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Name: Paul M. Mannle
Occupation: data specialist, Pacific Architects & Engineers LLC
Years living in Portsmouth: 29
Public service experience:
Citywide Neighborhood Committee
Portsmouth Listens Steering Committee
Portsmouth Listens Study Circles – 8X participant
PS21 Tactical Urbanism volunteer – 2X
Q1: What can the city do to increase its supply of affordable housing?
Incentivize homeowners to convert their single-family homes into ADUs by both streamlining the process and tax abatements.
Q2: Are there specific areas in the city budget where you think spending cuts can be made? Are there specific areas where you think spending should be increased?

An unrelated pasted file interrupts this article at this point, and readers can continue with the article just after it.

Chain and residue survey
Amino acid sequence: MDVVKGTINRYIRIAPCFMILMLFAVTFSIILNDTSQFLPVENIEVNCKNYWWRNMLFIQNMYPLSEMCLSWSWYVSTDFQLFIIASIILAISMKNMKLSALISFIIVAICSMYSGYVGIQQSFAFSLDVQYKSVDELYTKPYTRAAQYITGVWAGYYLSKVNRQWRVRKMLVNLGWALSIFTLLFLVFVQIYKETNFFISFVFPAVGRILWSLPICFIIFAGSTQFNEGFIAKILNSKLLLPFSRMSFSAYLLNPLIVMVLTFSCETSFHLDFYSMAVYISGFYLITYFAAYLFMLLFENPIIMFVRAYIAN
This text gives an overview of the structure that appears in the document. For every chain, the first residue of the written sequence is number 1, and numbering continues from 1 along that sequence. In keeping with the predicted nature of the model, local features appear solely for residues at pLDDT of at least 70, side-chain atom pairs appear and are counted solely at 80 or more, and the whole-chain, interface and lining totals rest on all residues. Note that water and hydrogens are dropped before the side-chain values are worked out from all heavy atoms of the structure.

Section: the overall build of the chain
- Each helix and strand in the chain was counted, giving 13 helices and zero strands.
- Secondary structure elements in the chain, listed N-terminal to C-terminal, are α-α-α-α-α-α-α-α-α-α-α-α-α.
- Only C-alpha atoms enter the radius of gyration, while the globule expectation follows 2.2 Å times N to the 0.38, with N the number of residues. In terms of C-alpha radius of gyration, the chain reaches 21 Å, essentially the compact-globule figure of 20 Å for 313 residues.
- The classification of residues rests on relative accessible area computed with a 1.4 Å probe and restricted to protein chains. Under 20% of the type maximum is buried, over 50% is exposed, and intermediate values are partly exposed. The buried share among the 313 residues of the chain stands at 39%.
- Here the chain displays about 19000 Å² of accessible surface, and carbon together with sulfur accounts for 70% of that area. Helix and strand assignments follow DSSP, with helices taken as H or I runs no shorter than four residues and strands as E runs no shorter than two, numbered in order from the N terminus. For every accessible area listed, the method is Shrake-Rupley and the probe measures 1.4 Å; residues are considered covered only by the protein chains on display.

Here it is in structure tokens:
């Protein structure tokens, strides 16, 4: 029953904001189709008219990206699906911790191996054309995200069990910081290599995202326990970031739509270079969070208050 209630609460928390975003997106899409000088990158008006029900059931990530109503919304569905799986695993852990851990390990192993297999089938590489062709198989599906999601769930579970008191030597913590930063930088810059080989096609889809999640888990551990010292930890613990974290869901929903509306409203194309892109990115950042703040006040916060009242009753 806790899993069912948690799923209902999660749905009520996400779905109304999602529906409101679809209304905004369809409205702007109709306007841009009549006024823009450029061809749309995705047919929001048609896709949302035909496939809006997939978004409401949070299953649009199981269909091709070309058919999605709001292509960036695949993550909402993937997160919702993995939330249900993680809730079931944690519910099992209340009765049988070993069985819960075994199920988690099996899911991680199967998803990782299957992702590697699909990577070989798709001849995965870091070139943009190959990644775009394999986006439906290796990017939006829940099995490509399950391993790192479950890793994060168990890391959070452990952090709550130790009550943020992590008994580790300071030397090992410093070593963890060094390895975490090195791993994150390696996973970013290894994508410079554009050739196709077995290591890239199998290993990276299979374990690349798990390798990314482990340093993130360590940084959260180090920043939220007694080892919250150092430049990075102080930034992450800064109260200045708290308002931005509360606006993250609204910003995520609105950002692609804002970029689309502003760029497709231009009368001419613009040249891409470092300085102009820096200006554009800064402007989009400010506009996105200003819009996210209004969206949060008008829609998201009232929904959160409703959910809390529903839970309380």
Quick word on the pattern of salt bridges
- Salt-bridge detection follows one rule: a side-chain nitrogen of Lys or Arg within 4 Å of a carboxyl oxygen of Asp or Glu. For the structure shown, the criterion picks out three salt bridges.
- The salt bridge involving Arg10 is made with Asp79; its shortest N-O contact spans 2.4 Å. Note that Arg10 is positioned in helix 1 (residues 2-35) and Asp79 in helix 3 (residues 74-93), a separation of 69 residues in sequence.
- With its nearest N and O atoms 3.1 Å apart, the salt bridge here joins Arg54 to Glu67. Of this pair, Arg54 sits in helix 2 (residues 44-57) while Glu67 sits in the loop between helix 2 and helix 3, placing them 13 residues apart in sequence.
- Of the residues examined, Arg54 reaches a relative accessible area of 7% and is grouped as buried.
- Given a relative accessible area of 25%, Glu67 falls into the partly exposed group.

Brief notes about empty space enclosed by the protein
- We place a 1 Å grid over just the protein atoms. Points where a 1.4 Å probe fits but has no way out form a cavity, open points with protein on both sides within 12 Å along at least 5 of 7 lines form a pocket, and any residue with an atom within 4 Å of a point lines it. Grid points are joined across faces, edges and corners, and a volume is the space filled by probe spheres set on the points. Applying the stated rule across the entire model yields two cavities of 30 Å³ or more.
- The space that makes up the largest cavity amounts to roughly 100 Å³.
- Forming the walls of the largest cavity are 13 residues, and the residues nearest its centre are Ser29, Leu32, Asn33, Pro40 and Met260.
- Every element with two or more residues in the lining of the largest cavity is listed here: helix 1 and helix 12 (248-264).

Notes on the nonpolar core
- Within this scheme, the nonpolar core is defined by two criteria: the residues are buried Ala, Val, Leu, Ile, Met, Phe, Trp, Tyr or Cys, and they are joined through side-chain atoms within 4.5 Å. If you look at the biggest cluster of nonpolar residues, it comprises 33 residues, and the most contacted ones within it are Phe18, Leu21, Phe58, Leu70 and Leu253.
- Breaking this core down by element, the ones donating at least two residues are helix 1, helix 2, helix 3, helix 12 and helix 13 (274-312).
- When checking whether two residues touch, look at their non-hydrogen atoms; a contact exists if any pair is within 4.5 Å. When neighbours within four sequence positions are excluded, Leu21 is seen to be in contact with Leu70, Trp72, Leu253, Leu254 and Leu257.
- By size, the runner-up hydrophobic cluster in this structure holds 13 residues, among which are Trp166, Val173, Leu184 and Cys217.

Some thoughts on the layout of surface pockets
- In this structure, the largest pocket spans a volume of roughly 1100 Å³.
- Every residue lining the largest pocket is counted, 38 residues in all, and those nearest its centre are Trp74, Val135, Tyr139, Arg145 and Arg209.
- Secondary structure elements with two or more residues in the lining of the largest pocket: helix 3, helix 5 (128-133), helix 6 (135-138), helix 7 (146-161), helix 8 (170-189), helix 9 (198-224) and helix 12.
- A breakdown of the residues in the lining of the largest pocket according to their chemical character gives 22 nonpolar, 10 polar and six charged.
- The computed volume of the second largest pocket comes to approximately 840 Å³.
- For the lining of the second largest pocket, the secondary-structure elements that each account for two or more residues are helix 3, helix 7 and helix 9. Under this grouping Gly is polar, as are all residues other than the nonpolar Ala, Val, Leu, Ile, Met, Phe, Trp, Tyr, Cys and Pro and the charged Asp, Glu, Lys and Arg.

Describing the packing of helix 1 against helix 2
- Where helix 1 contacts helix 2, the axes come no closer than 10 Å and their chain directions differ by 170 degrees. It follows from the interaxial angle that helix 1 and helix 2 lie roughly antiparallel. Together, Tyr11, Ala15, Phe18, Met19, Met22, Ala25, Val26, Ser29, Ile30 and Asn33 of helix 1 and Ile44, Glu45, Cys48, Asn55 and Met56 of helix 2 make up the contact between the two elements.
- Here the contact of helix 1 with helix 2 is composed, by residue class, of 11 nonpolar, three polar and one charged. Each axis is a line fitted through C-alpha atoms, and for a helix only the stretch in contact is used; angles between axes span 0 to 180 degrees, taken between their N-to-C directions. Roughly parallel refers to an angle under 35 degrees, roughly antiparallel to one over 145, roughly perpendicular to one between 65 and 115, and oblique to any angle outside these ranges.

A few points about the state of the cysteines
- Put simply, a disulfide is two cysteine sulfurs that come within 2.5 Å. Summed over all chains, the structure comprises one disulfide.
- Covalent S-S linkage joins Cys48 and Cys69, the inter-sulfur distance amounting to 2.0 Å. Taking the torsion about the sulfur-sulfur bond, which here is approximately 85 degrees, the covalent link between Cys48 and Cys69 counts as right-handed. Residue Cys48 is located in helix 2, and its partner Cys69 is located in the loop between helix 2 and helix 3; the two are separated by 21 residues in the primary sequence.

The budget is two-fold — spending AND revenue. You cannot stop the city from spending money, you can only make sure it is spent wisely.
I believe the spending side needs to be scrutinized, line by line, for any savings possible, especially on the General Government category (Council has line item authority, but bottom line authority on the three charter groups – Police, Fire & Schools). That type of analysis cannot be done now, by the Council nor the public, because the budget is released just days before the public hearing, even though there is a two-month window between the release and mandatory deadline for passage (June 30).
The revenue side is the key, the most important. Increased spending leads to increased property taxes because property taxes are the largest source of revenue by far. That needs to change NOW! I will advocate for Portsmouth to aggressively pursue their fair portion of the Rooms & Meals Tax thru any means necessary (legislation, courts, etc.). Portsmouth should be receiving at least 30 percent of all those tax dollars generated locally, to relieve the constant pressure of rising property taxes. That revenue stream would allow for the opportunity to keep any housing affordable.